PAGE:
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http://upload.orthobullets.com/topic/1036/images/hip position.jpg
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Introduction
  • A rare fracture pattern that is usually associated with hip dislocations
    • the location and size of the fracture fragment and degree of comminution depend on the position of the hip at the time of dislocation  
  • Epidemiology
    • incidence
      • rare
      • increasing because of more MVA and better resuscitation
  • Mechanism
    • impaction, avulsion or shear forces involved
      • unrestrained passenger MVA (knee against dashboard)
      • falls from height
      • sports injury
      • industrial accidents
    • 5-15% of posterior hip dislocations are associated with a femoral head fracture
      • because of contact between femoral head and posterior rim of acetabulum
    • anterior hip dislocations usually associated with impaction/indentation fractures of the femoral head
  • Associated conditions
    • femoral neck fracture (see Pipkin Classification below)
    • acetabular fracture (see Pipkin Classification below)
    • sciatic nerve neuropraxia
    • femoral head AVN
    • ipsilateral knee ligamentous instability (knee vs dashboard)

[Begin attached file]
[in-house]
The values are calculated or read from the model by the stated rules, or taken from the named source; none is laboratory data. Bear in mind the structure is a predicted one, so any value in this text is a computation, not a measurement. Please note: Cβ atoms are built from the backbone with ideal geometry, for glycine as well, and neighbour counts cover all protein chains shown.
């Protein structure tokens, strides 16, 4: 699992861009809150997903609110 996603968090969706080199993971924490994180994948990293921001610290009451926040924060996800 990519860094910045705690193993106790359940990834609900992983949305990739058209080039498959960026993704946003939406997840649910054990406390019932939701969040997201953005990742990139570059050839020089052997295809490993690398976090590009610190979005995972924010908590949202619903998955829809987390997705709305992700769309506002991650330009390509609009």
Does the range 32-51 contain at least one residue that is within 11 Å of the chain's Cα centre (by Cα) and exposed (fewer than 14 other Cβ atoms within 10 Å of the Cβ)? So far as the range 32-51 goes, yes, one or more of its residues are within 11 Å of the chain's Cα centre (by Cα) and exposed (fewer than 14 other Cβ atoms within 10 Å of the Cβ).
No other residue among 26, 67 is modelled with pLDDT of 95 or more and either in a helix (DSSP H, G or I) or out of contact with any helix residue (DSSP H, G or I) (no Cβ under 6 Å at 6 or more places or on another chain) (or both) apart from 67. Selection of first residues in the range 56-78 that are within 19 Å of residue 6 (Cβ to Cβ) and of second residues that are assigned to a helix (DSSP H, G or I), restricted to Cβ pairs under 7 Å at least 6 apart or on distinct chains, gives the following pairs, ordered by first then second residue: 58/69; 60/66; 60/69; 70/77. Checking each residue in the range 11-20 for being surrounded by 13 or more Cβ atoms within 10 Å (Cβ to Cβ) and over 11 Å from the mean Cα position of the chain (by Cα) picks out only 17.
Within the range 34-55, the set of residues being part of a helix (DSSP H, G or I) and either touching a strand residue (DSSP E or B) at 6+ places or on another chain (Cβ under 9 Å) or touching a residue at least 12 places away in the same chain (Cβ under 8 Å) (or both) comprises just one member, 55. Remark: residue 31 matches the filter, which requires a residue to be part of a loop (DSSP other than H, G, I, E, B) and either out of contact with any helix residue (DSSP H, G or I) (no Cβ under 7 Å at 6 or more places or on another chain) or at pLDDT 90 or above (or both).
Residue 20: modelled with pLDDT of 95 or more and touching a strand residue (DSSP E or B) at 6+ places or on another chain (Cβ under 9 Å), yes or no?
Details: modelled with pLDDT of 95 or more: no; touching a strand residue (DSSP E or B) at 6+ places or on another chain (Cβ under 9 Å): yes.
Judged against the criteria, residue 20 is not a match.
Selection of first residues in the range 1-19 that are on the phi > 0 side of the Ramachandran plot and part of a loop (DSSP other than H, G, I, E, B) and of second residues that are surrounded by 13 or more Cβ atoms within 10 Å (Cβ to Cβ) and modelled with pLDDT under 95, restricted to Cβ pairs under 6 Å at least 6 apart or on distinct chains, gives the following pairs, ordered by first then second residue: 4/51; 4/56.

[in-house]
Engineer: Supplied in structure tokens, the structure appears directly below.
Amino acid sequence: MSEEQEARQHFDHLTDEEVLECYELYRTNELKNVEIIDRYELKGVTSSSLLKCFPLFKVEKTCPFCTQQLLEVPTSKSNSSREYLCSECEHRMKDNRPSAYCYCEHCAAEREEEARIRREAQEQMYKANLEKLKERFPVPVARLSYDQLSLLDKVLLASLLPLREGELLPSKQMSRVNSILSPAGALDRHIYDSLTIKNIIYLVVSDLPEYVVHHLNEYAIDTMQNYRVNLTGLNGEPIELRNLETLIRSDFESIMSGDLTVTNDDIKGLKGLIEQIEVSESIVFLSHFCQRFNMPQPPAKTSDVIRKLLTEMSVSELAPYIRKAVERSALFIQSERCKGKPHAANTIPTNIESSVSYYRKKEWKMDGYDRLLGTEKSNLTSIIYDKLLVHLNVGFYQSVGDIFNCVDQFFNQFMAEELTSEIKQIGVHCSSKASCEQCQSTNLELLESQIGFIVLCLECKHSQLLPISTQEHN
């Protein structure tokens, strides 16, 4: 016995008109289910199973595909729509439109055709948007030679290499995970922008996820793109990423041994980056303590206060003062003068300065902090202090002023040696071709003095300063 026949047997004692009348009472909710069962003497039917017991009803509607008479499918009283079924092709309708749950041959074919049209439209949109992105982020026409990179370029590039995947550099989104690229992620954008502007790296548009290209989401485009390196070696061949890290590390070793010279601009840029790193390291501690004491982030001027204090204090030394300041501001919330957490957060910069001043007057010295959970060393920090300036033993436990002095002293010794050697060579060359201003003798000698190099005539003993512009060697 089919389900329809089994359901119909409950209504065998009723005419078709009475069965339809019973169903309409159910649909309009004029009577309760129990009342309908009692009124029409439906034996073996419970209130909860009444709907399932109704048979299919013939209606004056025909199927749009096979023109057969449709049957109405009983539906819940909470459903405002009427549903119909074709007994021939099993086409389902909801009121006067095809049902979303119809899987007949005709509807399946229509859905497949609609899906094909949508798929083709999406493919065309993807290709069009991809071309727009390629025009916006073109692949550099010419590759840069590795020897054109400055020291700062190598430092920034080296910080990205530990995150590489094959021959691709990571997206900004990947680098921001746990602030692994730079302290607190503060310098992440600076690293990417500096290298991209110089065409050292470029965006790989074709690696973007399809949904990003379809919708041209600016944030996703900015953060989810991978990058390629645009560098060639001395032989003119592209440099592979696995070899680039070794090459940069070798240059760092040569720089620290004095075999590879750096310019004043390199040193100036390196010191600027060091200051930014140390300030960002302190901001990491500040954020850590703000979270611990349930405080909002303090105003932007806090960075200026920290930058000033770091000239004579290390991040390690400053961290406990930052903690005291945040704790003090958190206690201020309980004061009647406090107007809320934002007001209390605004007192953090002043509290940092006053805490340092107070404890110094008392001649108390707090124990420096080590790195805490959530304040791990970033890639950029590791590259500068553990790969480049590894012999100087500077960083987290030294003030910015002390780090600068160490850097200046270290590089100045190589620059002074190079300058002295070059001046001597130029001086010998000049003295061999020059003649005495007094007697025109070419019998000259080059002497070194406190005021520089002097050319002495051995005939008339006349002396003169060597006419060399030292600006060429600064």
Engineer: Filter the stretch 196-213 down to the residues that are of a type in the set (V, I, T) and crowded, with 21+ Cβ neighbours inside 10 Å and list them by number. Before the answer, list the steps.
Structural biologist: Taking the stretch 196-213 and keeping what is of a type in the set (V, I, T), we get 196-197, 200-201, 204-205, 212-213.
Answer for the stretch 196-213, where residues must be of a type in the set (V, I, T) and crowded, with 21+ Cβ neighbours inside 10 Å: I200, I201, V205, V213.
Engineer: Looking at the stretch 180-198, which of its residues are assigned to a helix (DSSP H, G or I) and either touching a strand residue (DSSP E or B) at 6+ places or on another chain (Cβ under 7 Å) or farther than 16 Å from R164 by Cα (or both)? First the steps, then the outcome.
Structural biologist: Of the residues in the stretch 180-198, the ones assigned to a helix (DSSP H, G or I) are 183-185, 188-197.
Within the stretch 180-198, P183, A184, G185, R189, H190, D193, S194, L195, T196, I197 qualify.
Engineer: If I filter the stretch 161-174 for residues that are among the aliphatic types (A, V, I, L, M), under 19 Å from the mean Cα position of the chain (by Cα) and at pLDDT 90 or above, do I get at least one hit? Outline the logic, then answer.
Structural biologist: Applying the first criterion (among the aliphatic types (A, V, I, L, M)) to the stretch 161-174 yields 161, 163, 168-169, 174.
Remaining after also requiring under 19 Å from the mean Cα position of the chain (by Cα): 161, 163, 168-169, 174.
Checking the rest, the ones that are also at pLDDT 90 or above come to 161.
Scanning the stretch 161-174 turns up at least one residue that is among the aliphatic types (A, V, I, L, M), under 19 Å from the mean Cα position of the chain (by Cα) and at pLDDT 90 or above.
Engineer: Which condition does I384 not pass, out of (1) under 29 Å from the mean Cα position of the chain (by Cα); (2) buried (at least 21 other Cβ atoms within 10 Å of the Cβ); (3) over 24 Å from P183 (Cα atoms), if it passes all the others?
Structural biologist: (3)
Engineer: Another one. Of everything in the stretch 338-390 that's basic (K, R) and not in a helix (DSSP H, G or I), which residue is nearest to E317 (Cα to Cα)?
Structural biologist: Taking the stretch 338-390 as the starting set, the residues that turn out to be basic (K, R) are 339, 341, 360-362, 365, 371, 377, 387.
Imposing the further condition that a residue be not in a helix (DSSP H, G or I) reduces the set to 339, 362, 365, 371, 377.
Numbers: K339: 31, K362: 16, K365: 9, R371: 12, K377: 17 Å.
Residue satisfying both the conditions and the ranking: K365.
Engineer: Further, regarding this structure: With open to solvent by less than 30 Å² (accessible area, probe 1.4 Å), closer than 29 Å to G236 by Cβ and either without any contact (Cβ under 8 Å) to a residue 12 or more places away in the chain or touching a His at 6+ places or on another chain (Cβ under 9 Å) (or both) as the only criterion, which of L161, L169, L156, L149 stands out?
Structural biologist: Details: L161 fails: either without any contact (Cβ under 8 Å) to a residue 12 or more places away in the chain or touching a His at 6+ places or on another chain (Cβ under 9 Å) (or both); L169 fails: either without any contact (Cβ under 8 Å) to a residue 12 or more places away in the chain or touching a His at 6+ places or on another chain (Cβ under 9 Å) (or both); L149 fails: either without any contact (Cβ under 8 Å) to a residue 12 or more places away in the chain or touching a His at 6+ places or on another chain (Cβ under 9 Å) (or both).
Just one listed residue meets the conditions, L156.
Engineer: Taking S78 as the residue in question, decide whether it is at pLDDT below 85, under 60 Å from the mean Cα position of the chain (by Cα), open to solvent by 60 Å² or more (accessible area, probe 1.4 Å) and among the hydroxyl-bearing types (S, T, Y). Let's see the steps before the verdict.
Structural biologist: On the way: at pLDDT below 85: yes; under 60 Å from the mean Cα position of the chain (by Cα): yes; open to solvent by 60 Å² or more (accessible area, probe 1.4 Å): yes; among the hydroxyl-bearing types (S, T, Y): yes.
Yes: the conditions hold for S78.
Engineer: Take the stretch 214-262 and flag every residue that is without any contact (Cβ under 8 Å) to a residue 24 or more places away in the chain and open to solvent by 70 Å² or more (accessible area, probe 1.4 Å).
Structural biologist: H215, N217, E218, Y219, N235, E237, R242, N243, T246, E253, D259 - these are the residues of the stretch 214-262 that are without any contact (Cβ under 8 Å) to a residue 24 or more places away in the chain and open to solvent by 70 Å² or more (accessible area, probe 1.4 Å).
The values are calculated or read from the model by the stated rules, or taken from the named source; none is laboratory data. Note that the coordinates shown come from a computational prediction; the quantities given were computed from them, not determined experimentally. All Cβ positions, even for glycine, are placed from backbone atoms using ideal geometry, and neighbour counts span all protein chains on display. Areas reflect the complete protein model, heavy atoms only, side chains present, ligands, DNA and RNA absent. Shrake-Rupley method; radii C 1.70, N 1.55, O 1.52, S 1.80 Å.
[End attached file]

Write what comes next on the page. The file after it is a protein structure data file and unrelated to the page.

Anatomy
  • Blood supply
    • the femoral head has 3 sources of arterial supply  
      • extracapsular arterial ring
        • medial circumflex femoral artery (main supply to the head)
          • from profunda femoris
        • lateral circumflex femoral artery
      • ascending cervical branches
      • artery to the ligamentum teres
        • from the obturator artery or MCFA
        • supplies perifoveal area
Classification
 
Pipkin Classification
Type I
Fx below fovea/ligamentum (small)
Does not involve the weightbearing portion of the femoral head
  
Type II Fx above fovea/ ligamentum (larger)
Involves the weightbearing portion of the femoral head 
   
Type III Type I or II with associated femoral neck fx
High incidence of AVN
 
Type IV Type I or II with associated acetabular fx (usually posterior wall fracture)  
 
Presentation
  • History
    • frontal impact MVA with knee striking dashboard
    • fall from height 
  • Symptoms
    • localized hip pain
    • unable to bear weight
    • other symptoms associated with impact
  • Physical exam
    • inspection
      • shortened lower limb
        • with large acetabular wall fractures, little to no rotational asymmetry is seen
      • posterior dislocation
        • limb is flexed, adducted, internally rotated
      • anterior dislocation
        • limb is flexed, abducted, externally rotated
    • neurovascular
      • may have signs of sciatic nerve injury
Imaging
  • Radiographs
    • recommended views